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June 2016

Time Out to Paint with Oils

In my recent life, much of 2016 has been focused on family activities and caretaking, and teaching. Aside from a little sketching and a little map drawing, doing personal artwork hasn't played a part in the past few months. One way to assure that I pull out my seldom-used oil paints is to get together with my friend Claire for a day of painting together. Last week, we set up in my greenhouse and surrounded by ecstatically blooming geraniums and our happy spirits, we painted. I with my oils, and Claire with her watercolors. 

I set up a still life, and Claire brought a spectacular bouquet to paint. In retrospect, in terms of my own still life choices, I probably would have preferred to paint less fussy items. Or, perhaps because my personal bent is often toward rendering detail (something that oil painting usually liberates me from), I ended up spending too much time on this painting...but no matter; it was very absorbing and satisfying to paint. And a couple of days ago, after doing more work on it since we had our painting day, I declared it done. Below you will see the temporary painting "studio" with Claire in her spot. Following that is my finished painting.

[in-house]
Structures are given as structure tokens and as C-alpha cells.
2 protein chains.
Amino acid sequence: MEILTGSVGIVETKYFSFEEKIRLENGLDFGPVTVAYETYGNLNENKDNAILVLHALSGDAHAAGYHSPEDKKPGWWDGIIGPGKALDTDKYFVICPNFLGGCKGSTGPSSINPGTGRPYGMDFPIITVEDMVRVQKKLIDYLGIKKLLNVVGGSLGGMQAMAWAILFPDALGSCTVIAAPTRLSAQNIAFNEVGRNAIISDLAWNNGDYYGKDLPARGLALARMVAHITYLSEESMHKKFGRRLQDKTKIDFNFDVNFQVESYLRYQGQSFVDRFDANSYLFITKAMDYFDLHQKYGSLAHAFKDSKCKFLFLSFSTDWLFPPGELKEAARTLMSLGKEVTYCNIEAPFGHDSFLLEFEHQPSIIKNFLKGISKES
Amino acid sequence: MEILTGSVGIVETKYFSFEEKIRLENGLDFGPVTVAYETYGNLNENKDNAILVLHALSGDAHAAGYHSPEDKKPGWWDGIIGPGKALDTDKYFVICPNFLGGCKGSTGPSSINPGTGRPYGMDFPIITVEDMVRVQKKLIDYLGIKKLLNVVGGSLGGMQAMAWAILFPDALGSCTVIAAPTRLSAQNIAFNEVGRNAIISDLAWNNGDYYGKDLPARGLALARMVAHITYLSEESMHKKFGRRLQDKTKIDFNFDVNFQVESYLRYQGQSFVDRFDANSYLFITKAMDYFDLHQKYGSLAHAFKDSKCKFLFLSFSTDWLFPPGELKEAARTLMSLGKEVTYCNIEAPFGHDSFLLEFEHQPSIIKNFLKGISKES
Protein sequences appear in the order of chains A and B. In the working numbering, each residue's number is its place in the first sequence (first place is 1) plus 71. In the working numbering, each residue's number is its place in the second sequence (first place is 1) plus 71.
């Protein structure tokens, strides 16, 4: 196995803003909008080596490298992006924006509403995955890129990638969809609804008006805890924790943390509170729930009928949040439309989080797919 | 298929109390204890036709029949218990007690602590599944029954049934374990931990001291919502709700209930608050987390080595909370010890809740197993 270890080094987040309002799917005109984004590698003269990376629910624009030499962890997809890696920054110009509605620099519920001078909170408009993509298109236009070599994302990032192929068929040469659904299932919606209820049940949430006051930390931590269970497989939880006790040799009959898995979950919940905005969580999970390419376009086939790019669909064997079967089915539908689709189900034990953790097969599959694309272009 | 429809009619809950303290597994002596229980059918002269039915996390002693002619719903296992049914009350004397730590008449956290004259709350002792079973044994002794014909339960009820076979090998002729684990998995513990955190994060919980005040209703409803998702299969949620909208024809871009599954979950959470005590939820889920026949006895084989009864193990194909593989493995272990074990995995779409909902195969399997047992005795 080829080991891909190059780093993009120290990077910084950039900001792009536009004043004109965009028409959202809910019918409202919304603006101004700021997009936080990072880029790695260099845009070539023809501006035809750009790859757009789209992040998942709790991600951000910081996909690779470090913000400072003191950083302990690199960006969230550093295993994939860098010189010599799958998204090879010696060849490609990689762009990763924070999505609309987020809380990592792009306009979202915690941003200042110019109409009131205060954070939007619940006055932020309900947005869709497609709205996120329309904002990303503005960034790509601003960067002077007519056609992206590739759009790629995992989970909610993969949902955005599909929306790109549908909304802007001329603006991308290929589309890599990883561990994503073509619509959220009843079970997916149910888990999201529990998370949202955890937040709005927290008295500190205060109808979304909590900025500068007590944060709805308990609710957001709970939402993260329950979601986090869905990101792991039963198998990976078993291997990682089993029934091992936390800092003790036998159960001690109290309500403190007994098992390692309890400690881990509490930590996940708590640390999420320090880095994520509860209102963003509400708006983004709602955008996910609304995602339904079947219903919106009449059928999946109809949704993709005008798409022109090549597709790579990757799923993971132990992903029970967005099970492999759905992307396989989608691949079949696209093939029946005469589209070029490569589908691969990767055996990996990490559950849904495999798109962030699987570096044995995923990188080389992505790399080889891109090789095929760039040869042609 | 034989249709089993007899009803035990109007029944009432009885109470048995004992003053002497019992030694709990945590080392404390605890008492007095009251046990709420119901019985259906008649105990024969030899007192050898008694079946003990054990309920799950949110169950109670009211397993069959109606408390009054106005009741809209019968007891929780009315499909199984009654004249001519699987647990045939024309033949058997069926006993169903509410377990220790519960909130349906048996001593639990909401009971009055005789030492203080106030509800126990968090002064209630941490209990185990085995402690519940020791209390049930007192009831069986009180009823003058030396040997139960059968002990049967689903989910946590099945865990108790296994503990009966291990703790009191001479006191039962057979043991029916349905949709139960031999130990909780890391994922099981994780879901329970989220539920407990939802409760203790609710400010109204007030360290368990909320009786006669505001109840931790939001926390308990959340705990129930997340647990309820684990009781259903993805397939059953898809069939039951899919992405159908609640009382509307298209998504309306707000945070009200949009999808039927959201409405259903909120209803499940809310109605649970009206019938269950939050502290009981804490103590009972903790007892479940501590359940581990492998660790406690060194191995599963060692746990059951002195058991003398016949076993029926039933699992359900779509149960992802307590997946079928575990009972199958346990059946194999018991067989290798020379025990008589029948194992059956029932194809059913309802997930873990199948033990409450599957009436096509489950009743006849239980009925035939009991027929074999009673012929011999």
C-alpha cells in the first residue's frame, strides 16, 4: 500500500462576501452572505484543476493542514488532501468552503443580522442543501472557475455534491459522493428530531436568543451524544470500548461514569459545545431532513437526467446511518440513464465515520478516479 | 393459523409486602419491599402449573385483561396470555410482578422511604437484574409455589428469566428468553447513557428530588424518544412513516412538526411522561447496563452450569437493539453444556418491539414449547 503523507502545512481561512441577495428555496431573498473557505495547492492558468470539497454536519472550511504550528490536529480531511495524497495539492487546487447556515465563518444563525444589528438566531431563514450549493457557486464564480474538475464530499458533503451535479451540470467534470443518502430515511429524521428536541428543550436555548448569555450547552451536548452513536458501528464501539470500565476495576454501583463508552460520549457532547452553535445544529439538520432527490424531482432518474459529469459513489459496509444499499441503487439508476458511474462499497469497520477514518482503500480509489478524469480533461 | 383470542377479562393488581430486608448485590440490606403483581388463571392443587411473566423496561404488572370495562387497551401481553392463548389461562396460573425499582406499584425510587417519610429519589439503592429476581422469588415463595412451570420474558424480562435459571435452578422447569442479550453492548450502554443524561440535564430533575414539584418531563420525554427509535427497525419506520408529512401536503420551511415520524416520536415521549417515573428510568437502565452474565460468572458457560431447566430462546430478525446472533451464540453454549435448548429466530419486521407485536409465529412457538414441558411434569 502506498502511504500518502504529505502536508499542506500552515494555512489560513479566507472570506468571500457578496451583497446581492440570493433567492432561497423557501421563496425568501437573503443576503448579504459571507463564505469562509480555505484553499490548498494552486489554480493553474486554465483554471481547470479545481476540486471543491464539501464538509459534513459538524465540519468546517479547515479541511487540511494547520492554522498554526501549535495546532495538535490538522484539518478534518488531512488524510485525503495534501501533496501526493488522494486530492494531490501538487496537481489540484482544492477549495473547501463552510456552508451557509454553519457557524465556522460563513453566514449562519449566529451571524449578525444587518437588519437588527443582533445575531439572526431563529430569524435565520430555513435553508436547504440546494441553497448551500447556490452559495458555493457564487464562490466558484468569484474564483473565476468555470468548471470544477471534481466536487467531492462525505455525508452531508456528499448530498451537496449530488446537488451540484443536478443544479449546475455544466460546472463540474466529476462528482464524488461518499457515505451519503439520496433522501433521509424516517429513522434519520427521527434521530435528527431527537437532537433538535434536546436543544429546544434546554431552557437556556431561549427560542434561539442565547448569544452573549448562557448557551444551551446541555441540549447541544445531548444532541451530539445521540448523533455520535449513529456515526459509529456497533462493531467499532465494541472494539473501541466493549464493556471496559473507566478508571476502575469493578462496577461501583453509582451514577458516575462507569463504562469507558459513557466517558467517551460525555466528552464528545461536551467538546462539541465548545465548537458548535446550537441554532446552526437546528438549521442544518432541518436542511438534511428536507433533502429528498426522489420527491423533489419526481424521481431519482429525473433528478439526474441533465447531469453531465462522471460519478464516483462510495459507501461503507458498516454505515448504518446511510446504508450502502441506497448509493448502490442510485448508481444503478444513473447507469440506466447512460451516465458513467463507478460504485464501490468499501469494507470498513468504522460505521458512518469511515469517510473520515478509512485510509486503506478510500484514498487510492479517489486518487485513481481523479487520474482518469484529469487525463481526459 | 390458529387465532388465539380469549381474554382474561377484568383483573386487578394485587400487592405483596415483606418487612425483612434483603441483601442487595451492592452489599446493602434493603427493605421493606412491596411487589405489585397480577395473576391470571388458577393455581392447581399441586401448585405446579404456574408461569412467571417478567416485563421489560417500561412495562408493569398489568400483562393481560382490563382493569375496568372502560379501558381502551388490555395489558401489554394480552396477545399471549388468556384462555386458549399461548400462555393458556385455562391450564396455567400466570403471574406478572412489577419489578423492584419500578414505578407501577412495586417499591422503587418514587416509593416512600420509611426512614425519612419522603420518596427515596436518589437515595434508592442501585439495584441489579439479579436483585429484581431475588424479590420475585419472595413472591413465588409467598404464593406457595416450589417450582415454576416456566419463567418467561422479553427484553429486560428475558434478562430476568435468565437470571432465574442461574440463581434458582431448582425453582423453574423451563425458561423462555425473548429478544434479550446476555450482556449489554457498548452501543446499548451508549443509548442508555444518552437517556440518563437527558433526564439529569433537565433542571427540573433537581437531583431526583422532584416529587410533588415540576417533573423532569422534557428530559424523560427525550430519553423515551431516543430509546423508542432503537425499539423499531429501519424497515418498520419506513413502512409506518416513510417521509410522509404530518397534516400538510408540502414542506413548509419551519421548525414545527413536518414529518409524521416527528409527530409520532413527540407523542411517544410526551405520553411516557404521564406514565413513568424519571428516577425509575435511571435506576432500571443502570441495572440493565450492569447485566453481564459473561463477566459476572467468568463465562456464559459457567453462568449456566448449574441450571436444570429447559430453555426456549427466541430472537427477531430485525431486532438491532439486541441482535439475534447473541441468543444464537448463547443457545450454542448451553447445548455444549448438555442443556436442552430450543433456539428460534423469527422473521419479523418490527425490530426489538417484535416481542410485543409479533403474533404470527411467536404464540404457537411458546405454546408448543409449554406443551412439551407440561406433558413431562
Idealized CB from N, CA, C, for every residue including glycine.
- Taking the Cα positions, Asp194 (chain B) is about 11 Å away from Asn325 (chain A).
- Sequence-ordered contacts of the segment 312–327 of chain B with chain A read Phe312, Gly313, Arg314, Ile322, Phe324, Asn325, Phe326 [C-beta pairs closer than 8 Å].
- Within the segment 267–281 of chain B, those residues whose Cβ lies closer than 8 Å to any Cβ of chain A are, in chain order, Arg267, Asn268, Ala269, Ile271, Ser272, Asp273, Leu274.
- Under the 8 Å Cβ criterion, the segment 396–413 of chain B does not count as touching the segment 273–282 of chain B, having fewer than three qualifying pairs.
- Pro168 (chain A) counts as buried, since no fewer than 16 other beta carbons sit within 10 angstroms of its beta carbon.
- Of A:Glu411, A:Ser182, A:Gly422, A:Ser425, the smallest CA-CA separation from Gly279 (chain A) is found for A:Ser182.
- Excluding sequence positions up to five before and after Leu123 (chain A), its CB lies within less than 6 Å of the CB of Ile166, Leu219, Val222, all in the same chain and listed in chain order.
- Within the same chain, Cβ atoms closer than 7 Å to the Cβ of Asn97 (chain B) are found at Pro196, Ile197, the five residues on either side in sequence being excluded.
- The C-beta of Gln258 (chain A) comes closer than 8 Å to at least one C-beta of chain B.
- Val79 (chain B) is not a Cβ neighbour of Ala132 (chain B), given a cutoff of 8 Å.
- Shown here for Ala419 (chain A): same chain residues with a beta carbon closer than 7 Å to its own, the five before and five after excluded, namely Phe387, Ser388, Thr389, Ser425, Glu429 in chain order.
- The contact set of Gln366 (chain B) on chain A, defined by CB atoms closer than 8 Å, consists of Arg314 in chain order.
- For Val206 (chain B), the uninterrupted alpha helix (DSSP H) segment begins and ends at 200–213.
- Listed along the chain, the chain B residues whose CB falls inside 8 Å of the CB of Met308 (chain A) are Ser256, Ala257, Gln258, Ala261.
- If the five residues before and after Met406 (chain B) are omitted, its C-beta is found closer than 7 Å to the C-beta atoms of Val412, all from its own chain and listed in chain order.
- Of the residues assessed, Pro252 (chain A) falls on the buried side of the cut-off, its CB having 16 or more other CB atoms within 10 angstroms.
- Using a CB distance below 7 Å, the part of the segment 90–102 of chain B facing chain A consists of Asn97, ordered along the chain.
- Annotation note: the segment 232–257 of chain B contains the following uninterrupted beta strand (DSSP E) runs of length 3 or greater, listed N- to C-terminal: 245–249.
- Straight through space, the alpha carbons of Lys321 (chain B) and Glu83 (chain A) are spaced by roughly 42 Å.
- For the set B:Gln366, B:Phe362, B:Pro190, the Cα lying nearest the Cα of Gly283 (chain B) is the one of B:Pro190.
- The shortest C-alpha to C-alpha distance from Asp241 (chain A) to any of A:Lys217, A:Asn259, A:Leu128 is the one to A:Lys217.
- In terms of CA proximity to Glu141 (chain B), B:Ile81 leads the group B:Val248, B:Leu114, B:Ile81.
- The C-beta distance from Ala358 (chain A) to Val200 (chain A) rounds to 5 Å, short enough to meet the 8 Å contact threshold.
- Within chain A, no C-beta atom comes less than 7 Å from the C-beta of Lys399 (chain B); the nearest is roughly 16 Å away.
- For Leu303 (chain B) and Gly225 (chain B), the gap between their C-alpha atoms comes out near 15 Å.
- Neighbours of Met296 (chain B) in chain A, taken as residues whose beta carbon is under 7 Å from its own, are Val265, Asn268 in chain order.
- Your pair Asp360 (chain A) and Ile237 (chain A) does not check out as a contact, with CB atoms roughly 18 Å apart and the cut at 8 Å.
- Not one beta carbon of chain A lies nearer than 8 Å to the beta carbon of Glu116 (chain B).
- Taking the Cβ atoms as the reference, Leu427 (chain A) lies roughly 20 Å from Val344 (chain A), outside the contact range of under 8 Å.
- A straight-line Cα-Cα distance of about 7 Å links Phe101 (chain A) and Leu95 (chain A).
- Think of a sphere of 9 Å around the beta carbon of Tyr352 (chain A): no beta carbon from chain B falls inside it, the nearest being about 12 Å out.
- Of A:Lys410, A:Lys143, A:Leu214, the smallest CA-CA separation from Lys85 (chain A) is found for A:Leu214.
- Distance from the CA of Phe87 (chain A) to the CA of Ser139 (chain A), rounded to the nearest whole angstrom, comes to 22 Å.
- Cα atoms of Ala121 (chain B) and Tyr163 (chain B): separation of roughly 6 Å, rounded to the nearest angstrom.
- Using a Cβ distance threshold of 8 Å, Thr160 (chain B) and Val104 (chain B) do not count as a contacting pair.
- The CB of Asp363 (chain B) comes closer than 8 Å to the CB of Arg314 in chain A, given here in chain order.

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Claire tackles a large floral bouquet with watercolors, and in the foreground you can see my hastily assembled still life with a tiny, child's teapot, an antique bottle, a feather, and a columbine.

 

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"Keepsakes with Columbine" 6" x 14" panel


Notes on the items in the still life: Rick and I were on a small boat on the River Li in China, in 2007, when a Chinese woman from one of the villages along the shore was allowed to board. She made her living selling things to passengers. In her basket was an assortment of small items wrapped individually in pieces of patterned cloth. One of these items was this tiny, chipped and stained teapot. It is common for vendors to approach tourists to sell their wares to them, but most items are new, mass-produced trinkets. We bought very few keepsakes in China, but the little teapot was something I did buy. On the opposite side is a scratchy decal of 3 traditionally clothed children. Hand-painted Chinese characters decorate the side you see here, and some tiny ones are on the top.

The bottle came from a sidewalk garage sale in Walla Walla, Washington. I was there about 15 years ago with a group of friends, and spotted this old medicine bottle for $1. It has held many an individual blossom or a few sweet peas in the years since I brought it home. The feather is my granddaughter Ada's. It's future is to become a writing quill. The columbine, selected for its soft colors and contrasting form, is from the garden outside my greenhouse.